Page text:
Arkansas celebrates spring

A field of jonquils

A field of jonquils

Normally in Arkansas spring arrives the end of February when the old fashioned jonquils, planted a century or more ago, burst forth in glorious bloom. They are almost like wild flowers, for the woods are filled with them. Yet they must be planted by humankind. So why are the woods and pastures ablaze with golden blooms? Because once someone lived everywhere you find a large patch of these lovely flowers.

When I visit the new Lake Ft. Smith State Park I can find those my mother planted more than

Lake from our place

Lake from our place

70 years ago. A picnic table sits on a knoll above the new lake and there was once the house in which I was born and lived until the age of five when we moved to town so I could attend school. Around that table still bloom those jonquils she lovingly planted so long ago.

There are spots all over these Boston Mountains where a lonely stone fireplace reaches into the sky, and at its feet are spread carpets of sunshine. Deep in the wilderness, where roads no longer exist, a brave hiker off the beaten path will stumble upon a field of jonquils nodding in the warm spring breezes. And know that her feet trod where once a family lived and worked and played.

It is said that the more you leave them alone, the easier these bulbs spread and the more proficient the blooms. If you take a lawn mower to them after they bloom, and before six weeks have passed, they will stop blooming and eventually die out.

This year spring came late to the Ozarks. It was the end of March before the jonquils bloomed and everything else has followed suit. The dogwood and redbud are just now bursting forth.

springfest 006Here I am with my new writing pal, Alice White, offering our books. The skull is an older friend of mine who now helps me promote my latest book, The Purloined Skull.

But every year, no matter the cycle of blooms, Fayetteville, Arkansas celebrates spring with a festival they’ve dubbed Springfest. Up to 10,000 people gather along famed Dickson Street. Vendors of everything one can possibly dream up line the street. There are bed races and plenty of other fun events. Bands play, singers sing and dancers perform. This year writers represented by Oghma Creative Media were present to sign their books. For the first time in my memory we were actually invited to take part, along with musicians and performers, thanks to the efforts of Casey Cowan and his crew.

Big Foot showed up at our booth because Pamela Foster, one of our authors, has written a book called Big Foot Blues. He was popular with the kiddies and many of the dogs checked springfest 005him out too. I worried that huge 300 pound mastiff might take Big Foot on, but he wisely ignore him.

I visited with Pam as well as western authors Dusty Richards and Greg Camp, mystery author Gil Miller, Mike Miller, Alice White, Nancy Hartney, Ruth Weeks and Jan Morrill, and a good time was had by all. Do want to mention Robin Cowan, a young man who took charge of me and saw that I was where I needed to be, no easy task. If he’s any indication of teen agers today, we are in very good shape indeed.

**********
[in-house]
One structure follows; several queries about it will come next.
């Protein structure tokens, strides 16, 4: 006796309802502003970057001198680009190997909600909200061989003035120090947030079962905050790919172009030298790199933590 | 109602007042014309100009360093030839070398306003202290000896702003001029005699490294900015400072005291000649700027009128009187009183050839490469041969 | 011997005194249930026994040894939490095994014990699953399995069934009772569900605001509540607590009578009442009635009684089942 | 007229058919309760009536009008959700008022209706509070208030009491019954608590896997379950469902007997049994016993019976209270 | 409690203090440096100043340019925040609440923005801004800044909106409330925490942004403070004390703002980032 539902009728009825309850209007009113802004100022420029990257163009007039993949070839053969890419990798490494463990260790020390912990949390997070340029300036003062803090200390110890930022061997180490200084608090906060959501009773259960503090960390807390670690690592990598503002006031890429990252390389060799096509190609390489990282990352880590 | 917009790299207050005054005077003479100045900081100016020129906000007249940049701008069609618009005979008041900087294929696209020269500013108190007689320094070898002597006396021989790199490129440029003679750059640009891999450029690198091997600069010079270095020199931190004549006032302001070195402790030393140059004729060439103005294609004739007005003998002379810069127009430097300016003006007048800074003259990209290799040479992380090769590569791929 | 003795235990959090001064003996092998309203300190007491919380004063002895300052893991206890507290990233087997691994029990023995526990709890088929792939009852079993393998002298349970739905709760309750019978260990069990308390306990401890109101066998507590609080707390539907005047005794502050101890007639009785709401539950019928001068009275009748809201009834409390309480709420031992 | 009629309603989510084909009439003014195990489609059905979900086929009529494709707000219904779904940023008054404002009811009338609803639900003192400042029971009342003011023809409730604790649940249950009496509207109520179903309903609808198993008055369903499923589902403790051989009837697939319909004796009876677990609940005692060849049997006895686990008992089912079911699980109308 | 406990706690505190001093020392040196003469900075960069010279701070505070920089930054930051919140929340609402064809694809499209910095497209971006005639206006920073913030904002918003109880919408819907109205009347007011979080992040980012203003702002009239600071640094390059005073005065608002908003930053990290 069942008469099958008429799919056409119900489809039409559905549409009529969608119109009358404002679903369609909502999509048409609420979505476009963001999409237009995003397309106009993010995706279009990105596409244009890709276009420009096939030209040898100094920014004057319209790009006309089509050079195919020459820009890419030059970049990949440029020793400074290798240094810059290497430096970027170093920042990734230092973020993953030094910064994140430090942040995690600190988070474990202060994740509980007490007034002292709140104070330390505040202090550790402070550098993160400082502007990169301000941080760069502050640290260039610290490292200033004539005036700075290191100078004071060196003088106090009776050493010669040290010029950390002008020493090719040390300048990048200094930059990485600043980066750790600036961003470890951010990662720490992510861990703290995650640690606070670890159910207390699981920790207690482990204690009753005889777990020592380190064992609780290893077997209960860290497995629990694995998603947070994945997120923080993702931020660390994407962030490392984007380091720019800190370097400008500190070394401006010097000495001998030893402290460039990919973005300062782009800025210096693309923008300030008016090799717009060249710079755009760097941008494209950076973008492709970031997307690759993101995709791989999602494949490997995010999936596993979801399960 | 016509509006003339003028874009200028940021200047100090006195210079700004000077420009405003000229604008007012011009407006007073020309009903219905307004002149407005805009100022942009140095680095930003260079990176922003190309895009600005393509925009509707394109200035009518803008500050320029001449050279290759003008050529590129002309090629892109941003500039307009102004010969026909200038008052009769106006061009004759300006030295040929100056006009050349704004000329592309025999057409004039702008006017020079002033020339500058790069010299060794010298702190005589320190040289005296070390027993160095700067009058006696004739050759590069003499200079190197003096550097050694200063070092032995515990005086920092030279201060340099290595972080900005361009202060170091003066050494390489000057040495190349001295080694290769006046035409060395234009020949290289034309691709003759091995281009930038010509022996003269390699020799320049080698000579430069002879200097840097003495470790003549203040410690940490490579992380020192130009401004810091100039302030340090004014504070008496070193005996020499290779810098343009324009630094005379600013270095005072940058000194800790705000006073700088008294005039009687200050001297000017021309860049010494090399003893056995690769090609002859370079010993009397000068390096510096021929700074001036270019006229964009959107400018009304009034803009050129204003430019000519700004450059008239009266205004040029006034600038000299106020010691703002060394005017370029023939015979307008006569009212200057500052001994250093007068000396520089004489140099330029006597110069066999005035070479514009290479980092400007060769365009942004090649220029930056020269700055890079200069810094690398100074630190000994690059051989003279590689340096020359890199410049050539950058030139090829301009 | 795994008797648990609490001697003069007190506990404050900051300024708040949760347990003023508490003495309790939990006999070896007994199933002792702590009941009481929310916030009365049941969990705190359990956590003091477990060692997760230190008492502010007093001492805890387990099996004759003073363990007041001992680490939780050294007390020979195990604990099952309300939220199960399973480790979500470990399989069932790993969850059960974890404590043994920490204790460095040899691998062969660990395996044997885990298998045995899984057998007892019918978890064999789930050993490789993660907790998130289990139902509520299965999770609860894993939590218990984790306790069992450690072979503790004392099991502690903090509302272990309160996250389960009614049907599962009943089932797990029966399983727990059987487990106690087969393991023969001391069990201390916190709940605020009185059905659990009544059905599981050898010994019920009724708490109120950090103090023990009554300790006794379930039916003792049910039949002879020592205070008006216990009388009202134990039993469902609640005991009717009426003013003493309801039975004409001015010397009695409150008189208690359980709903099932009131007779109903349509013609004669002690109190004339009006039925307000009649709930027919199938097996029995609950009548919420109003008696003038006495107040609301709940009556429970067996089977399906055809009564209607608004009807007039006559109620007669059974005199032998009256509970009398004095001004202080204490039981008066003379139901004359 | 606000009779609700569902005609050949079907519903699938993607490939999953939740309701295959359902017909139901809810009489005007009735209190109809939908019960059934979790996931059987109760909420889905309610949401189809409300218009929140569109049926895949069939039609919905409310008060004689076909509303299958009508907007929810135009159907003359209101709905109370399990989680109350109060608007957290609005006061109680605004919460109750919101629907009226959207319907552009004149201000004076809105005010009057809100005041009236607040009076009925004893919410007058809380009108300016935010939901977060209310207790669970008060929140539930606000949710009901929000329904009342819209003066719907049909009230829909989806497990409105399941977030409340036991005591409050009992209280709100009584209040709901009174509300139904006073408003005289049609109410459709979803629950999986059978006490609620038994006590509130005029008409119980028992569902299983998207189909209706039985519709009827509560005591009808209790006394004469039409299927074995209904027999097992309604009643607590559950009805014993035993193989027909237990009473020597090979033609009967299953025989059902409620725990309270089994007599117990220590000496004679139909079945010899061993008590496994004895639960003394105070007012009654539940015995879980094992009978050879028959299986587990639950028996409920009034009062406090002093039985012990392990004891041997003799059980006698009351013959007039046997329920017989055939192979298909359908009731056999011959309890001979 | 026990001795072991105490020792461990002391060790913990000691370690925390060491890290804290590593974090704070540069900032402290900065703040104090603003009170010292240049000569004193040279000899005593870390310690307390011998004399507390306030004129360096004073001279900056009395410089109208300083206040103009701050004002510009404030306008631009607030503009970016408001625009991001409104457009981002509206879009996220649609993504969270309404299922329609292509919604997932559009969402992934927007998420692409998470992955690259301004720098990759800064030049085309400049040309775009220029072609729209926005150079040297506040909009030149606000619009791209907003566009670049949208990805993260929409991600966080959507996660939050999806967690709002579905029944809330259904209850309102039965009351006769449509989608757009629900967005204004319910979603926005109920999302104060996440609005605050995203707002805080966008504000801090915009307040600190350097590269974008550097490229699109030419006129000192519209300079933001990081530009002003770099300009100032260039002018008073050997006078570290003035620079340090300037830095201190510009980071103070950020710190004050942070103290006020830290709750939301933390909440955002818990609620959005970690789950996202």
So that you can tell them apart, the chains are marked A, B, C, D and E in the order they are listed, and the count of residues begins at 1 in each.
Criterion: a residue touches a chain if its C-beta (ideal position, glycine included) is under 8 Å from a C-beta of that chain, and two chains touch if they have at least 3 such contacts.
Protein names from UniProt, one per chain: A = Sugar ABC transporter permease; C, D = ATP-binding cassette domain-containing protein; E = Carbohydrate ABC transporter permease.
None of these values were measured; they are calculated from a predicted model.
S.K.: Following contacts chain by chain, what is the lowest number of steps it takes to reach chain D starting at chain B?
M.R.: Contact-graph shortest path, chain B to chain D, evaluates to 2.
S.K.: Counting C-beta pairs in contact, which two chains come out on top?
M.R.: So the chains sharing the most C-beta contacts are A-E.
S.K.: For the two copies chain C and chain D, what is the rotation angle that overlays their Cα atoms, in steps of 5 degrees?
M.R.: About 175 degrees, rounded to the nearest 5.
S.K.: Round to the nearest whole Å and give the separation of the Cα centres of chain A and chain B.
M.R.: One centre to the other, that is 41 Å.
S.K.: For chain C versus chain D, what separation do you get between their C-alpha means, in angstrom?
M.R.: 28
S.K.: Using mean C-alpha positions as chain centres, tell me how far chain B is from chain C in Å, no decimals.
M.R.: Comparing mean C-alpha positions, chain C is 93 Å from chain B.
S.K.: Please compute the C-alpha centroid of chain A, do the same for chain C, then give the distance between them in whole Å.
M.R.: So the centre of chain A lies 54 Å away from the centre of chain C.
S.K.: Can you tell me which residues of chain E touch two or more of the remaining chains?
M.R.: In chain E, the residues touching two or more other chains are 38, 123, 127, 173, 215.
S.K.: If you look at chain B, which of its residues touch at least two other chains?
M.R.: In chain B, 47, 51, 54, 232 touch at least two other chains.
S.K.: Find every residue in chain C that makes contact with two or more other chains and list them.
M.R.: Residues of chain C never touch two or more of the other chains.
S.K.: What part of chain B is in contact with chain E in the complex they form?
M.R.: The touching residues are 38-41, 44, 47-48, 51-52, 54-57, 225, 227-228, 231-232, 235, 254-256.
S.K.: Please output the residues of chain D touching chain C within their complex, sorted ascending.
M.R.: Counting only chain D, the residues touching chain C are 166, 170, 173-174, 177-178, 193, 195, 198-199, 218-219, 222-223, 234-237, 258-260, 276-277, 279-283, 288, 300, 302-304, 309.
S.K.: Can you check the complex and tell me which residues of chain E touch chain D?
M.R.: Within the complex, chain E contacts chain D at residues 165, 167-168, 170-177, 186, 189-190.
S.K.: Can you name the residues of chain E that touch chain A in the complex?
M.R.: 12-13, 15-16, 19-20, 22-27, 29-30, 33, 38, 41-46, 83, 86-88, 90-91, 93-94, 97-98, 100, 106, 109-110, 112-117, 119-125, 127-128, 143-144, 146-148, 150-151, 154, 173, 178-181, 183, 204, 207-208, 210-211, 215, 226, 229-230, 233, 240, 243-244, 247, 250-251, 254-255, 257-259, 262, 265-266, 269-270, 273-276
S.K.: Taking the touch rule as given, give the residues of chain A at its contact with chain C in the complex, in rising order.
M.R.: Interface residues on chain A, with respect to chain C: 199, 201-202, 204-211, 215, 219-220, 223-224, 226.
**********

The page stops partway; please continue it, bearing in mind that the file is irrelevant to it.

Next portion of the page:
If I’ve missed anyone, put it down to my loss of memory. What a perfect way to welcome redbudsspring in the Arkansas Ozarks.

 

 

Here’s a redbud tree showing its glorious colors in my backyard. Happy Spring to Everyone!!

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About veldabrotherton

I'm primarily a writer, but I also speak and teach workshops and co-chair a large critique group. My brand is SexyDarkGritty and that applies to my western historical romances, mysteries, women's fiction and horror novels. After almost 30 years in this business, I still have something to learn and attend conferences to network with other writers, publishers, editors and agents.
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8 Responses to Arkansas celebrates spring

  1. We couldn’t have had a better day weather wise for it either 🙂 Was nice to see (and feel) the sun for a change… it seems to have been a while. I also had a marvelous time. It was wonderful to see everyone, and meet some new faces. I would also like to mention Robin. Without him neither of us could have managed 🙂

  2. Here in Oregon we call these daffodils, but my parents, native Kansans, always called them jonquils. Thanks for a lovely visit to Fayetteville and spring in the Ozarks. I suspect I’ll be seeing Dusty Richards in a couple of months at the Western Writers of America convention in Sacramento. Might you be there, too?

  3. heidiwriter says:

    Lovely, Velda! And, Irene, I didn’t know that daffodils and jonquils were the same! And I love your skull friend!

  4. Those jonquils are beautiful. Thanks for sharing. We have the same problem with our bluebonnets. I posted with some pics on my blog last weekend about them. they’re gorgeous now, but late because of the colder weather.

  5. Here the natives refer to these lovely little nuggets of gold as “Easter flowers” because they bloom out so early, even through snow or ice, if that happens late.

  6. A.B.Kar. says:

    Thank you Velda for bringing me the memory of springs in the Ozarks. I was in Fayetteville during springs two years ago. I shall cherish the memory for ever.
    Nice to have the mention about Dusty Richards, I had the pleasure of meeting in a literary get-together where i could share a few chapters of my book – BEHIND THE BAMBOO CURTAIN.
    Now sitting at Kolkata at 40 degrees Celsius, I am enjoying an extreme summer!
    Perspectives make the mind indulge in different kinds of games.
    It is something which surprises me always.
    Thank you Velda for the spark!

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